As of 19 July, Myanmar/Burma is set to benefit once again from a special, advantageous trade arrangement with the EU after the country’s recent efforts to improve the political, social and labour environments there. The EU will bring the country back under the so-called ‘Everything But Arms’ preferential trade regime which will grant duty-free and quota-free access to the European market for all products except for arms and ammunitions.
The trade preferences for Myanmar/Burma will be applied retroactively as of 13 June 2012, the day when the International Labour Organisation (ILO) Conference first recognised progress in the labour rights situation in Myanmar/Burma. The EU’s trade preferences had been suspended in 1997 as a result of the country’s serious and systematic violations of core international conventions on forced labour.
‘Everything But Arms’ is part of the EU’s ‘Generalised Scheme of Preferences’. It is important for helping developing countries boost their economy by providing them with tariff preferences for their exports to the EU. Myanmar/Burma will benefit from the ‘Everything But Arms’ scheme because the United Nations classifies it as a ‘Least Developed Country’ (LDC).
EU Trade Commissioner Karel De Gucht said: “Trade is fundamental to supporting political stability and the EU’s trade preferences mean we will give this reform-minded country priority access to the world’s largest market. This has the potential to make a huge difference to the country’s economic development and to bring real benefits to the people there. The EU is also going to help Myanmar boost the capacity of both public and private firms to make use of these new opportunities.”
The Council and the European Parliament signed the legislation on the re-admittance of trade preferences on 12 June. The agreement came on the heels of the Council’s earlier decision on 22 April 2013 to lift all sanctions against Myanmar/Burma, except for the arms embargo. The Commission believes that, despite the many structural constraints the country continues to face, under the ‘Everything But Arms’ preferential trade regime Myanmar/Burma should see an increase in exports to the EU.
What is next?
The legal act to re-instate the trade preferences was published in the Official Journal of the European Union on 29 June. This legal act stated that the preferential trade scheme enters into force twenty days later, i.e. on 19th July.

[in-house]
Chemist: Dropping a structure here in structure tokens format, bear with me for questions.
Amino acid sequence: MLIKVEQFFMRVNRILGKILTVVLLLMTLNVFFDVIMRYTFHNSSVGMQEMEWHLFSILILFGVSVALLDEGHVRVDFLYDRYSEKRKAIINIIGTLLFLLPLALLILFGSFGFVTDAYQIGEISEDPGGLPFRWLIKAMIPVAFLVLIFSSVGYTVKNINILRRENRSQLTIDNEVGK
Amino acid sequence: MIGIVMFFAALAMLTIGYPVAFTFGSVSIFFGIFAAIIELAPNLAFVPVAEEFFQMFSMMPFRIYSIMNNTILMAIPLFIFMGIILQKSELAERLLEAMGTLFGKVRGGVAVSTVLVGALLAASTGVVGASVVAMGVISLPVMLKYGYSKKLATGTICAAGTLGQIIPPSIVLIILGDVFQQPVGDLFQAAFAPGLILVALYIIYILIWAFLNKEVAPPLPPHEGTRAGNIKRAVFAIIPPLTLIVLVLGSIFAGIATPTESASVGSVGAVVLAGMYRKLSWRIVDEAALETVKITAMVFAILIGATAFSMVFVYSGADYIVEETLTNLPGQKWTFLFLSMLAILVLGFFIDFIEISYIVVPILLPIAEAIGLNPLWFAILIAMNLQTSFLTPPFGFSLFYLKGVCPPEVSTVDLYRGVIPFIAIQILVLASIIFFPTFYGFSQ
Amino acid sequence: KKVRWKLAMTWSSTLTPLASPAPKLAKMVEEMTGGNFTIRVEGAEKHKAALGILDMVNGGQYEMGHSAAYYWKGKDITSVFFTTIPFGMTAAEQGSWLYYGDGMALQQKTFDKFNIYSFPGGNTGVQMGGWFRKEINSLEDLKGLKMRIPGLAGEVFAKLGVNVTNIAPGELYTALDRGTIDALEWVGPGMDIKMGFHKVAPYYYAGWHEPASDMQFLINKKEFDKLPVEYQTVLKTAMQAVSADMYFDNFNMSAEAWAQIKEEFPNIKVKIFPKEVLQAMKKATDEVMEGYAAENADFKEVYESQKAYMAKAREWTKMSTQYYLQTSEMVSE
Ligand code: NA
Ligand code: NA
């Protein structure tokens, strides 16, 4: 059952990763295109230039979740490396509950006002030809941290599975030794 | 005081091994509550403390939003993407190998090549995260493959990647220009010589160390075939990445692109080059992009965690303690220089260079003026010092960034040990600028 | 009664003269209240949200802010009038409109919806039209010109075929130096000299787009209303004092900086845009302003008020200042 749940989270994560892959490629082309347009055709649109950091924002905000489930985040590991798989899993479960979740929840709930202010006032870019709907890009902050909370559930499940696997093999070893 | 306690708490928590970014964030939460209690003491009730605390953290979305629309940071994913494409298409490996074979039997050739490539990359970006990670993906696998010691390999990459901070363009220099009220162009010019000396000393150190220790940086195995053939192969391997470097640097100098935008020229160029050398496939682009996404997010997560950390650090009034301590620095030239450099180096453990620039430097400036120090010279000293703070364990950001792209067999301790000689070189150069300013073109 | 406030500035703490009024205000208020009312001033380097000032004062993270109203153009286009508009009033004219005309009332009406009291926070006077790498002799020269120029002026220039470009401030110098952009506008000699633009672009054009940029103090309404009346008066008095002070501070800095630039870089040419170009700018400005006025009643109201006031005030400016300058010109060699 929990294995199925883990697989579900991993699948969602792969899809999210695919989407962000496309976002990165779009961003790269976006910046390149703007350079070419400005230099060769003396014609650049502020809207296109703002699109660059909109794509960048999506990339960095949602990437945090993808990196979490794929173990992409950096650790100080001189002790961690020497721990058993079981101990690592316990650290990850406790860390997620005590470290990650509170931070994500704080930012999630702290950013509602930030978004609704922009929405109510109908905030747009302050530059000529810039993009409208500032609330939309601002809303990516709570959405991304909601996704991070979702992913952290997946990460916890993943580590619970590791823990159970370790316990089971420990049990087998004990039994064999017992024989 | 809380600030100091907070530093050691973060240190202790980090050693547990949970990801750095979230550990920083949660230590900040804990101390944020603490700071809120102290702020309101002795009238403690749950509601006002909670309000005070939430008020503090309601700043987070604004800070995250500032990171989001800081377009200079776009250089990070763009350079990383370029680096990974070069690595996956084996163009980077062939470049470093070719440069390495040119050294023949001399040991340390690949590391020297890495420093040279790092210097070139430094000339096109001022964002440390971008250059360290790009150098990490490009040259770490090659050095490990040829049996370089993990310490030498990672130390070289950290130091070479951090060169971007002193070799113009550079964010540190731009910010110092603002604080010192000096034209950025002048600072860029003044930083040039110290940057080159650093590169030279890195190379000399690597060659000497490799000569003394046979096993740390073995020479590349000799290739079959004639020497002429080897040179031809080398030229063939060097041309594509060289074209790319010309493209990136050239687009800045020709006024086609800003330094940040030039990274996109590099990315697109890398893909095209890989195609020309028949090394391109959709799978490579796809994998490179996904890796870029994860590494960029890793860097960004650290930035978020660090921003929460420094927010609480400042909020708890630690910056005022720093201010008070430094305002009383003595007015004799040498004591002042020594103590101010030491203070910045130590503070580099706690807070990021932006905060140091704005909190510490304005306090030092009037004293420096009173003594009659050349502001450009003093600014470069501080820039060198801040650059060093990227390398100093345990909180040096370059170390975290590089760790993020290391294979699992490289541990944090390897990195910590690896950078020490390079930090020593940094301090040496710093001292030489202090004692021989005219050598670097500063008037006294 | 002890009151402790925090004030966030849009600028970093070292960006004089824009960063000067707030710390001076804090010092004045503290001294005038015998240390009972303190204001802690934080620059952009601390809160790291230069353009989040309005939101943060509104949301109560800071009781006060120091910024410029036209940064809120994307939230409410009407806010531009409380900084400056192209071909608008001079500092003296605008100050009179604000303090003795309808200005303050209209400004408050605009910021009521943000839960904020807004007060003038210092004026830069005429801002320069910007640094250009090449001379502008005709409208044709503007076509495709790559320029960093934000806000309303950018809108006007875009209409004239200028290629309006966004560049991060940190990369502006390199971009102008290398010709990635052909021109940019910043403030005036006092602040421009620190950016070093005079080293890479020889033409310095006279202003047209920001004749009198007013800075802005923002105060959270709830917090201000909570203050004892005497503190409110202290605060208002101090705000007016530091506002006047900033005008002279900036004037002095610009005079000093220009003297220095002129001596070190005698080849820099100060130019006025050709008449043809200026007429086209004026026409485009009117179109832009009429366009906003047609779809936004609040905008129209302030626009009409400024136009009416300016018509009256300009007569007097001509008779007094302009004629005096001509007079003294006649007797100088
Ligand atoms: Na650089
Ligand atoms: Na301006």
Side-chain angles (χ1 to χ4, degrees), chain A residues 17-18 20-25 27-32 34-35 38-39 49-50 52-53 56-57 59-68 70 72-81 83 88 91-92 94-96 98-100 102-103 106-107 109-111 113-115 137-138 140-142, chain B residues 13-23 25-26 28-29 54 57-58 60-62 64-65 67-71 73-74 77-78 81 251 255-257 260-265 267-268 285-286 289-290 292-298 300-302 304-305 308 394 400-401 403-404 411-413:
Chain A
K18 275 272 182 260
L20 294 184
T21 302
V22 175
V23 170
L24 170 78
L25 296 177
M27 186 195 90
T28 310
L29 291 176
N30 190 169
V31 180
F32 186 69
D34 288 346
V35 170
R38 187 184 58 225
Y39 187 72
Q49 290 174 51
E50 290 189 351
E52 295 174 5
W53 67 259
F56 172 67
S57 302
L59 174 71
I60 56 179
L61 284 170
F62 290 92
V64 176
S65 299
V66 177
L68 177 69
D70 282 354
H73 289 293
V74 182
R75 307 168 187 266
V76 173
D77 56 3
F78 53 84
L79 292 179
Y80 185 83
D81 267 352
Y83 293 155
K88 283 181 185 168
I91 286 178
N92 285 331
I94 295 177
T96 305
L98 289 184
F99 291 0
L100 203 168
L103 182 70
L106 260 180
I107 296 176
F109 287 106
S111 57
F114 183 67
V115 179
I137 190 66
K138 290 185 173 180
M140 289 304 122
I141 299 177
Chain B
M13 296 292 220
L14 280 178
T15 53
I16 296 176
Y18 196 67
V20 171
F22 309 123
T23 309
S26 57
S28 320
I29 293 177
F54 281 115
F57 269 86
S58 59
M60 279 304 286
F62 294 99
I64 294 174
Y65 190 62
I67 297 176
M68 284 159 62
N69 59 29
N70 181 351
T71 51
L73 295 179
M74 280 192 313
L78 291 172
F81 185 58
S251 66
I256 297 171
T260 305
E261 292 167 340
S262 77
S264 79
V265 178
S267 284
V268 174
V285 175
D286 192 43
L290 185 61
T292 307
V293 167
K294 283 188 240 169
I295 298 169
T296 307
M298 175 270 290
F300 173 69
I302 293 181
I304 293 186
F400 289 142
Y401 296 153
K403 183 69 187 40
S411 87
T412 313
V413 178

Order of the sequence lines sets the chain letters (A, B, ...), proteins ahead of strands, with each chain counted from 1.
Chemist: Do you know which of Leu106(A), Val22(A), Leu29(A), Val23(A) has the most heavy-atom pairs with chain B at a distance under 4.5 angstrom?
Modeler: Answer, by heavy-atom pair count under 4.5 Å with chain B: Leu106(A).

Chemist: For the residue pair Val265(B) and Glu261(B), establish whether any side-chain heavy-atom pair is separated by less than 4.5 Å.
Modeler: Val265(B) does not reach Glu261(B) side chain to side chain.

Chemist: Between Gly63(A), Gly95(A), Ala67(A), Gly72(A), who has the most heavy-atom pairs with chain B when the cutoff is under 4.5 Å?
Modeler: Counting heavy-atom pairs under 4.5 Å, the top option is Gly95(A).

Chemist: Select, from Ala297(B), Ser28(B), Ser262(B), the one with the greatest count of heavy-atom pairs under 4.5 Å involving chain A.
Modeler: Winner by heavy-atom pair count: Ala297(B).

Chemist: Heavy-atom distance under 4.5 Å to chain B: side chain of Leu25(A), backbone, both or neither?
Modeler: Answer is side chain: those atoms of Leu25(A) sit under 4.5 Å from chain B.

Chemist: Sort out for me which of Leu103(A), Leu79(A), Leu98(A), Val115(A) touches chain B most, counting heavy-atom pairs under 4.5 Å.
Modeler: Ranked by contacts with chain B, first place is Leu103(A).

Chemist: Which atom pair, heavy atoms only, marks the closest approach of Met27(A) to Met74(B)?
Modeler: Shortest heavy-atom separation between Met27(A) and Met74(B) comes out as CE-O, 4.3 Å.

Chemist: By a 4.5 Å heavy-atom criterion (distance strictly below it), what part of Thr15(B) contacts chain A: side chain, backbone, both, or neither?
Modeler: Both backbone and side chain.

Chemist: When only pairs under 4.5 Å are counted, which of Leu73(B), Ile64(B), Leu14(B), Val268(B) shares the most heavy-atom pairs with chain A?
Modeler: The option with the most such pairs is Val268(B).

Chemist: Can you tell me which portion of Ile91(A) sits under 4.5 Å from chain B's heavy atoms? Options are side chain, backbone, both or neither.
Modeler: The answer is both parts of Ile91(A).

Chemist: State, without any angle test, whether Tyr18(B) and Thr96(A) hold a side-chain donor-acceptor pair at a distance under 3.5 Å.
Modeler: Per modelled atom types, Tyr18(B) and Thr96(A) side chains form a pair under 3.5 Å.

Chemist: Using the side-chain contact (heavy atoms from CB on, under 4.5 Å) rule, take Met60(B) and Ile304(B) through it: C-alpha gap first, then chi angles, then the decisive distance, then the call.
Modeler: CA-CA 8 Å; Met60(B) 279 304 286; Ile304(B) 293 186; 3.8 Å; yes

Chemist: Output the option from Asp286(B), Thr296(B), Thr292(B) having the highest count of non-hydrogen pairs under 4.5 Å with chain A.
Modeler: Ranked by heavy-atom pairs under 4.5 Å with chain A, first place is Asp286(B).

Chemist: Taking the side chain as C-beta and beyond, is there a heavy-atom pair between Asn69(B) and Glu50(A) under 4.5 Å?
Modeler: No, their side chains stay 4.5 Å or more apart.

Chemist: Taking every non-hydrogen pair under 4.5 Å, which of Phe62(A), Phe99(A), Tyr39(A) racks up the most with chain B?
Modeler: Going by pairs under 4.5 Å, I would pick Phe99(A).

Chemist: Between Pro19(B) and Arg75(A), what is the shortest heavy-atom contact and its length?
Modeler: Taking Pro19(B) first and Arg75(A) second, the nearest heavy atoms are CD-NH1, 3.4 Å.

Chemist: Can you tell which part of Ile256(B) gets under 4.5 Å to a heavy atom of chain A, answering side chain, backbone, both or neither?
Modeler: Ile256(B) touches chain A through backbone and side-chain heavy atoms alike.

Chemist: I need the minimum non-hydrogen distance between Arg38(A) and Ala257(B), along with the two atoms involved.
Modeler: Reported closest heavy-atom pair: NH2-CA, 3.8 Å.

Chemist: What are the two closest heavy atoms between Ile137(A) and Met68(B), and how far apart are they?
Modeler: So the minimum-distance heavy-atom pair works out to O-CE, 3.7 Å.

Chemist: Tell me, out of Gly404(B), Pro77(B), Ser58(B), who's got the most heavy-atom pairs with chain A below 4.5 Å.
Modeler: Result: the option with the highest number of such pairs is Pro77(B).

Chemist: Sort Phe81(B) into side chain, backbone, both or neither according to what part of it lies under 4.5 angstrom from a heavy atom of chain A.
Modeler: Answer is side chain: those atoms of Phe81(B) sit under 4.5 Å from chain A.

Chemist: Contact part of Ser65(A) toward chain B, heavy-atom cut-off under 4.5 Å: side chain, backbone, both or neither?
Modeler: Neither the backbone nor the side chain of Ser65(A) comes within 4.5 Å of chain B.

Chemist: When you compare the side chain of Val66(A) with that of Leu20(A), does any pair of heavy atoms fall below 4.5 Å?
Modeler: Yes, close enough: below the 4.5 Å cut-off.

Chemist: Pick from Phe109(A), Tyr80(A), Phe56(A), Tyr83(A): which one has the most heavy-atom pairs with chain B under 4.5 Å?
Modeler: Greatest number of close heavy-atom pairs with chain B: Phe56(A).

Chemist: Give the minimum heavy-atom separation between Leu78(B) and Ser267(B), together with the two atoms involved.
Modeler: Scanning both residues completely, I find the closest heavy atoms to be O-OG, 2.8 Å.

As the International Labour Organisation (ILO) Conference officially recognised progress in the labour rights situation in Myanmar/Burma’s on 13 June 2012, the trade preferences for Myanmar/Burma will be applied retroactively as of that date. It was the ILO’s decision which allowed the EU to launch its reinstatement procedure (IP/12/971).
Subject to the retroactive submission and approval of the relevant certificate of origin, exporters in Myanmar/Burma will be able to claim back the import duties paid since 13 June 2012.
EU-Myanmar/Burma trade in facts and figures
Myanmar/Burma exports to the EU totalled €164 million in 2012 —this is approximately 3% of the country’s total exports to the world, and 0.01% of the EU’s total imports. These limited exports to the EU are concentrated on clothing.
Since 1971, the Generalised Scheme of Preferences (GSP) has allowed developing countries to pay lower import tariffs on some or all of their exports to the EU.
There are three main variants (arrangements) of the scheme:
- the standard GSP scheme, which offers generous tariff reductions to developing countries. Practically, this means partial or entire removal of tariffs on two thirds of all product categories.
- the “GSP+” enhanced preferences means full removal of tariffs on essentially the same product categories as those covered by the general arrangement. These are granted to countries which ratify and implement international conventions relating to human and labour rights, environment and good governance;
- “Everything but Arms” (EBA) scheme for least developed countries (LDCs), which grants duty-free quota-free access to all products, except for arms and ammunitions.
The EU has adopted a reformed GSP law on 31 October 2012 – (IP/12/1168) which provides additional export opportunities to those most in need, amongst which LDCs feature prominently. In order to allow ample time for economic operators to adapt to the new scheme, the new preferences will apply as of 1 January 2014.
Preferential access to the EU market can be suspended if beneficiary countries engage in serious and systematic violations of core human rights or labour rights conventions, as established by the competent monitoring bodies of the United Nations or the International Labour Organisation.